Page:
Like San Francisco, Chicago Should Ban Facial Recognition Technology
Facial recognition technology has been used by cities across the U.S., however, it is often for controversial purposes. A landlord in Brooklyn had planned to replace the key fobs with facial recognition. Amazon was reported to have sold its facial recognition software to immigration officials. Police departments in both Chicago and Detroit have purchased real-time face surveillance technology.
However, several cities are pushing back on the use of this technology. Leading the pack, San Francisco became the first place in the U.S. to ban the city’s purchase and use of facial recognition surveillance technology with its “Stop Secret Surveillance” ordinance. Similar laws are being discussed in Oakland, CA; Somerville, MA and elsewhere.
Following San Francisco’s example, the city of Chicago should push a similar measure to protect its communities from this intrusion.
Many critics argue that facial recognition technology invades our privacy and diminishes our due process rights. One of the most pernicious examples of this is China using facial recognition technology to surveil its Uyghur Muslim minority. Its potential for mass surveillance is frightening, and according to experts, there is no place where this could be a more plausible reality than Chicago.
With roughly 10,000 accessible surveillance cameras, former U.S. Homeland Security Secretary Michael Chertoff said he didn’t think “there is another city in the U.S. that has an extensive and integrated camera network as Chicago has.”
In a report by Georgetown Law’s Center on Privacy & Technology, researchers and scholars wrote: “If cities like Chicago equip their full camera networks with face recognition, they will be able to track someone’s movements retroactively or in real-time, in secret, and by using technology that is not covered by the warrant requirements of existing state geolocation privacy laws.” When we add in things like automated license readers and body cameras warn by police, the technical infrastructure for a “surveillance city” is already in place.
These prospects should alarm all Chicagoans regardless of race or gender, but researchers have noted some of the racial biases seen in facial recognition (its accuracy goes down when identifying women and those with darker skin). These algorithmic biases could lead to a variety of injustices, particularly false identification and arrests, which would disproportionately affect black and brown Chicagoans. At the Congressional Oversight Committee’s hearing on facial recognition, law professor Cedric Ferguson said that “surveillance is both a civil rights issue and a civil liberties issue” and should be regulated with “racial justice in mind.”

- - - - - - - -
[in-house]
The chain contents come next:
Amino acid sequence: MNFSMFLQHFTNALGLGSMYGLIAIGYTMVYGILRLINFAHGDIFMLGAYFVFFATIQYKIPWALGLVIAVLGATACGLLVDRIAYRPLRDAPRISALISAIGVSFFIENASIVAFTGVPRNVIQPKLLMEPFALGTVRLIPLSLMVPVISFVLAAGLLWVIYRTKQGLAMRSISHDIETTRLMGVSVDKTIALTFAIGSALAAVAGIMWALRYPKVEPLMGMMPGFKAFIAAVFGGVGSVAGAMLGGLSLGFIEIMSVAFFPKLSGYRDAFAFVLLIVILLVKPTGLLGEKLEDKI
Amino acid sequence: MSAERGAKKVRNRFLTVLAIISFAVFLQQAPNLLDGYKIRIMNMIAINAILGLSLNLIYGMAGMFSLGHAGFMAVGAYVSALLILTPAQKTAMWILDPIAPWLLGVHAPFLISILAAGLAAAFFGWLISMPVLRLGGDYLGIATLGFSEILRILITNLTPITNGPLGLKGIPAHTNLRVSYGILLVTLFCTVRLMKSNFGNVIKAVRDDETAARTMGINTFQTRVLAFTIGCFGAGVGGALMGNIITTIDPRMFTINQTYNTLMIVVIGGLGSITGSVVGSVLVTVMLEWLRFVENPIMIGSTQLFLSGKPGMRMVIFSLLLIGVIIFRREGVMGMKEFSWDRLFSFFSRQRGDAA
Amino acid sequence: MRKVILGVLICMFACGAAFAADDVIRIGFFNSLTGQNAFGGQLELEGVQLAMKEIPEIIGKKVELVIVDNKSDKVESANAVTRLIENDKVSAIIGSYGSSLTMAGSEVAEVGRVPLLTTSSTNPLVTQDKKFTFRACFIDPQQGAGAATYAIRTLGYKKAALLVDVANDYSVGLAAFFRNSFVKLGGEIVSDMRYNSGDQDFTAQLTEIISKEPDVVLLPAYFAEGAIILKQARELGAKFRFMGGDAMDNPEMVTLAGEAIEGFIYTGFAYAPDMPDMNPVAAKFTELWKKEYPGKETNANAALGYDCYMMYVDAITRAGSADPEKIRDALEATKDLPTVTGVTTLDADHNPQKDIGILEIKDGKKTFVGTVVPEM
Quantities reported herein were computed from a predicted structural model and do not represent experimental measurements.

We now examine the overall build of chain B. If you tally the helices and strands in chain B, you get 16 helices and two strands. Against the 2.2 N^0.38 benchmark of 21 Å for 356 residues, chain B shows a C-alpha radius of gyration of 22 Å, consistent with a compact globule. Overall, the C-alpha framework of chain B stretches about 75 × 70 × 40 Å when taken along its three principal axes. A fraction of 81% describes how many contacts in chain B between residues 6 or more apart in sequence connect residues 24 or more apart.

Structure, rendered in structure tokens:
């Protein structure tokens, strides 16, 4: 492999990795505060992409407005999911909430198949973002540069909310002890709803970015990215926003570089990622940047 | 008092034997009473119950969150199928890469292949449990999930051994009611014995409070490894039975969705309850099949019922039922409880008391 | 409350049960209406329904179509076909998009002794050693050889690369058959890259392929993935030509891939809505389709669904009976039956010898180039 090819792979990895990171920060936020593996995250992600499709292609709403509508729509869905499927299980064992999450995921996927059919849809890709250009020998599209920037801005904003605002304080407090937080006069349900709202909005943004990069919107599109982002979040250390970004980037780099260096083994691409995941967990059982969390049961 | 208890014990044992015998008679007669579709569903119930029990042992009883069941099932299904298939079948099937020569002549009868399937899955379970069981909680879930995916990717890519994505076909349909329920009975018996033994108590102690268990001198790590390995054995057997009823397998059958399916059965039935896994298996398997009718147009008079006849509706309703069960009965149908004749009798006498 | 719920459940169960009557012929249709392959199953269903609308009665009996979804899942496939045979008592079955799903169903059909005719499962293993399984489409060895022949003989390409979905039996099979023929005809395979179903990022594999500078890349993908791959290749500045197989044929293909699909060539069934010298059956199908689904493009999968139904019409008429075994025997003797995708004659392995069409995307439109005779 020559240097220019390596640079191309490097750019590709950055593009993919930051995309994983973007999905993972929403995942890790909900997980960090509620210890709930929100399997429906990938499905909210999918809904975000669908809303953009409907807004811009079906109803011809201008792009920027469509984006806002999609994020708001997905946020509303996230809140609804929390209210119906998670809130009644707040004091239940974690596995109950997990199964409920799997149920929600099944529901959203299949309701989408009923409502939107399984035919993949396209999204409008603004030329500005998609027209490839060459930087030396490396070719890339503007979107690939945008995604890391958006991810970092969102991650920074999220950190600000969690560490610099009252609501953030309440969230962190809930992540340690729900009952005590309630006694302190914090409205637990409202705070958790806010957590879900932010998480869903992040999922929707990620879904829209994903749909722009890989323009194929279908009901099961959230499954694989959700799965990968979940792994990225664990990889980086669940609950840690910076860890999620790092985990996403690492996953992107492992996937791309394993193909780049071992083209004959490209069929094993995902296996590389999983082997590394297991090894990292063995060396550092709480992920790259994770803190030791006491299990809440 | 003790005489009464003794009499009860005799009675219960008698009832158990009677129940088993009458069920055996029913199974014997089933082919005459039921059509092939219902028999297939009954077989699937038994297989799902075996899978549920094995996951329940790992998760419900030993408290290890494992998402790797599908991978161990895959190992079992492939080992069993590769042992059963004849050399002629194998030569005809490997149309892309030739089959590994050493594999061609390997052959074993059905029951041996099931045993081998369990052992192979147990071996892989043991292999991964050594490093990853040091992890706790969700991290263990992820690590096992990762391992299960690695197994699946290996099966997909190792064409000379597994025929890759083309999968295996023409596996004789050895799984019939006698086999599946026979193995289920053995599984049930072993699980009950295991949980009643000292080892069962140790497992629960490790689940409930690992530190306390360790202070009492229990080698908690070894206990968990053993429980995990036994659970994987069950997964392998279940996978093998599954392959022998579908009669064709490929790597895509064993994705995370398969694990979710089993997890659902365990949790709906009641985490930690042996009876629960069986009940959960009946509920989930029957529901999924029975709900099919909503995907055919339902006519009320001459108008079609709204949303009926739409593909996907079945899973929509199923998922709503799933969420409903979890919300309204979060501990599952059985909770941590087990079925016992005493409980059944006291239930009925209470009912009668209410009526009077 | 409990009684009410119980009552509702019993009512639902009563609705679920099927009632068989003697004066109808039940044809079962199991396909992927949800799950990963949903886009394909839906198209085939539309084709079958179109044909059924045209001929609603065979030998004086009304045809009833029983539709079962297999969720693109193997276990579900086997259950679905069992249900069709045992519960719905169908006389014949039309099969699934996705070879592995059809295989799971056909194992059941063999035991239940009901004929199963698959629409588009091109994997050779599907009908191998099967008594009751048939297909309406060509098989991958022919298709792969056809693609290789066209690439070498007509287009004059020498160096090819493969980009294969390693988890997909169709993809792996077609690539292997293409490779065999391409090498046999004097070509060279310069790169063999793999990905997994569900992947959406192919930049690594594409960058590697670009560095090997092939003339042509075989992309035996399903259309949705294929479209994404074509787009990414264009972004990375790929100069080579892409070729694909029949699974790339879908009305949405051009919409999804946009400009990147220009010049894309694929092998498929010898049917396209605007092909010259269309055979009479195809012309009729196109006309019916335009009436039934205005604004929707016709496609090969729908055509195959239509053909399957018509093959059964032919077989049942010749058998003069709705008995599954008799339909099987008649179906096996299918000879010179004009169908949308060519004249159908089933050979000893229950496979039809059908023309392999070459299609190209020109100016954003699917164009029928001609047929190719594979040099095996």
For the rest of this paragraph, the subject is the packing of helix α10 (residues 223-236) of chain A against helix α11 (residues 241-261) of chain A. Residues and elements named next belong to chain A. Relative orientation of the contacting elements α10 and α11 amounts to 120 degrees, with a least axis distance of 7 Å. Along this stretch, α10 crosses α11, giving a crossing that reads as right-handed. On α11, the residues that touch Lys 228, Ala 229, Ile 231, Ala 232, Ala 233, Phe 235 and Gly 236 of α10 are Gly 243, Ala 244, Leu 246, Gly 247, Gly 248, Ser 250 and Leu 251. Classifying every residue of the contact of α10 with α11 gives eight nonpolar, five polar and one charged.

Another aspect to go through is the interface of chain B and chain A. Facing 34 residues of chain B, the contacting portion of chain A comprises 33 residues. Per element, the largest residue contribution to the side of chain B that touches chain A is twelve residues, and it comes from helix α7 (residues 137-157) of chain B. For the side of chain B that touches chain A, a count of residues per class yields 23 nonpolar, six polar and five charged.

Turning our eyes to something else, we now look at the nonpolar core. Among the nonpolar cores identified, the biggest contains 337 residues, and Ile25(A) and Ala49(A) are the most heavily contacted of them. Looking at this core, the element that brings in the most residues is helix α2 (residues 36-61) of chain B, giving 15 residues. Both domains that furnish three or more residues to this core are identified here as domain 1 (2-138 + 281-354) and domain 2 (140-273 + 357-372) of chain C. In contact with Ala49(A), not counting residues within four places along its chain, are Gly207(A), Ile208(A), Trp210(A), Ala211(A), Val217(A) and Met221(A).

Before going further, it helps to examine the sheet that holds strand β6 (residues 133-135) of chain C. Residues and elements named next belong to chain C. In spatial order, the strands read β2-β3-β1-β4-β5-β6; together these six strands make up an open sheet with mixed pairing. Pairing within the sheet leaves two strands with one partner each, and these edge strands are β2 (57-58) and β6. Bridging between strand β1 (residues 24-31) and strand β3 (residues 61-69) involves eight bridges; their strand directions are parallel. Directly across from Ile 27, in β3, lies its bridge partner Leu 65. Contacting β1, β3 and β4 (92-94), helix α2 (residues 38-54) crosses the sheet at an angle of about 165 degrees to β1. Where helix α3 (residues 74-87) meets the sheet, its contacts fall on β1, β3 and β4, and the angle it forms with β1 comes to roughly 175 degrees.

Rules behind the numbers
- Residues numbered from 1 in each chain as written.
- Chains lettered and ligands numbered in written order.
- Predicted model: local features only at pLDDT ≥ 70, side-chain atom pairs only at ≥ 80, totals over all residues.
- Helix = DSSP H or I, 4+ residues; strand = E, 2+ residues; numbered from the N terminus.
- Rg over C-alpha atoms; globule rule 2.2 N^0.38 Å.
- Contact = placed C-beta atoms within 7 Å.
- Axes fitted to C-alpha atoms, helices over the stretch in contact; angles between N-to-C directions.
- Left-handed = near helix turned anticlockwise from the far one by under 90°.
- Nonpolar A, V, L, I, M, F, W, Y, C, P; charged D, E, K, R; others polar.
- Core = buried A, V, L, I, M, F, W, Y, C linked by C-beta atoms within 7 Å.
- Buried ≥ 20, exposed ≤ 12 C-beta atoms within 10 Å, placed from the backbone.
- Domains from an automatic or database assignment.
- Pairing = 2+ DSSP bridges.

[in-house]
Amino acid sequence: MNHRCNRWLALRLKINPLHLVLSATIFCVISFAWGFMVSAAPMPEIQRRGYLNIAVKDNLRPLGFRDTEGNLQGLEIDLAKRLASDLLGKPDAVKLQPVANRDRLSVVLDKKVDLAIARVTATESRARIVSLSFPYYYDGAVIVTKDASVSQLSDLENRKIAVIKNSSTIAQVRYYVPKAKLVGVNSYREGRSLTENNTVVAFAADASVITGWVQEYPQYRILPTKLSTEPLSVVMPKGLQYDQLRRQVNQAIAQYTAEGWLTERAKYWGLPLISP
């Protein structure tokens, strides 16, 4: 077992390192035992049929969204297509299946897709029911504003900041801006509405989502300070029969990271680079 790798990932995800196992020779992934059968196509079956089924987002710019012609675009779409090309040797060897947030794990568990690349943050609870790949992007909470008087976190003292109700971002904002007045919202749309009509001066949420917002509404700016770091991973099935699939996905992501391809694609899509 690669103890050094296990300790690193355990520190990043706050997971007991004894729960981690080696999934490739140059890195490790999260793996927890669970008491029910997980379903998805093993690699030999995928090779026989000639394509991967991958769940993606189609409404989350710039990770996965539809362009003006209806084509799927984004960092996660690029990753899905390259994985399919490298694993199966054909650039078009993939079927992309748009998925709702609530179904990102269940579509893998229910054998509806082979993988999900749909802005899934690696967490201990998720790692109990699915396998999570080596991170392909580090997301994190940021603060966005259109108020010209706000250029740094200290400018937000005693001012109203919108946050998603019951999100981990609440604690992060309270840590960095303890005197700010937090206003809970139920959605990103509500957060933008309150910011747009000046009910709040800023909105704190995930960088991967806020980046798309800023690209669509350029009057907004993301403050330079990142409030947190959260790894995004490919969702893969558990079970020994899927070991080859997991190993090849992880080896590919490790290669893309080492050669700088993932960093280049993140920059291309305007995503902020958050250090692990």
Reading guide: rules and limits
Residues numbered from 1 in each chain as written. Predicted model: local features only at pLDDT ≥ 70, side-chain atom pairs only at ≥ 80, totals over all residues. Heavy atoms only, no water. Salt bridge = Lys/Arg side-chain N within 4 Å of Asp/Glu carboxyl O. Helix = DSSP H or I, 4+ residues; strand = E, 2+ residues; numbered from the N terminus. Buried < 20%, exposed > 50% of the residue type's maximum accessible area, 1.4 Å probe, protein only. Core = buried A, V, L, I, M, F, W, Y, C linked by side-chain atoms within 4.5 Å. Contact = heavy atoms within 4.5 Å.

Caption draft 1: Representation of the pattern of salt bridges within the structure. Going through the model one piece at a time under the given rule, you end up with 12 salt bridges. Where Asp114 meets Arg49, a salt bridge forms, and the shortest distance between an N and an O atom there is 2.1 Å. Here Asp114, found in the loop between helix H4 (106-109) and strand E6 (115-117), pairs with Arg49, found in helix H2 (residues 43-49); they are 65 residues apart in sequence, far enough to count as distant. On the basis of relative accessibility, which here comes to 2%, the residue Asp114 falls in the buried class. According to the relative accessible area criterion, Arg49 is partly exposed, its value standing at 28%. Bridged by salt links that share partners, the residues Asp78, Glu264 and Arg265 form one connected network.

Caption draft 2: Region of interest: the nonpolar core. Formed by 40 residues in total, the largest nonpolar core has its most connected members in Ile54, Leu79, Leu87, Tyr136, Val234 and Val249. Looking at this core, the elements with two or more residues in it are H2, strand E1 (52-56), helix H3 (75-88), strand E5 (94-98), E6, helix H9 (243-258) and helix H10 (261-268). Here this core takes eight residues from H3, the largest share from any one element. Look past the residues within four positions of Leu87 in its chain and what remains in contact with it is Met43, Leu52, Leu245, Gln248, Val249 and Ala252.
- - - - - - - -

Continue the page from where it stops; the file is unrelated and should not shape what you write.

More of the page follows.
Using this technology also has a chilling effect on freedom of expression and our right to protest. While we don’t have an example as dystopian as China’s in America, we do know that police used the Maryland Image Repository System to monitor protestors during the riots in Baltimore. Imagine if CPD had used this technology at different rallies and protests for LaQuan McDonald? And if they did, how and when would the public find out?
The technology in and of itself is not inherently “bad”–there is a lot positive potential in the field of medicine, as facial mapping and recognition programs can be used to spot strokes and other health issues that can be detected through the face.
Police departments often argue that facial recognition surveillance technology is a useful tool in pursuing evasive criminals. It could help officers locate and catch carjackers but also help them find missing persons or children during Amber alerts. A CPD spokesperson said that facial recognition systems are “seldom used” by the department due to “technological limitations.” But as Attorney Karen Sheley of the ACLU of Illinois said to WTTW, this would imply that CPD is either wasting money on tech they can’t use or they are not being upfront about it.
Regardless, there are too many issues that have to be worked out before this technology has ethical and tenable use in law enforcement. Police departments don’t fully understand the problems and negative implications of that use, and the companies who make facial recognition software resist oversight by asserting their proprietary rights. These systems of surveillance are often so opaque that someone accused of a crime would never find out that they were identified via facial recognition. And even in order for this technology to be used to catch those looking to commit crimes, by definition, it can only work if all of our faces are in a database.
It’s reasonable for people to assert their right to privacy and at least to know the manner in which they are being watched. Facial recognition surveillance takes that right away from them. Using surveillance tech on vulnerable populations could also be seen as antithetical to restoring community trust in policing, a goal outlined in the 2017 consent decree.
The allure of its promise doesn’t outweigh its potential for misuse, especially in Chicago. At the present moment, the risks of getting in wrong outweigh the benefits of using it.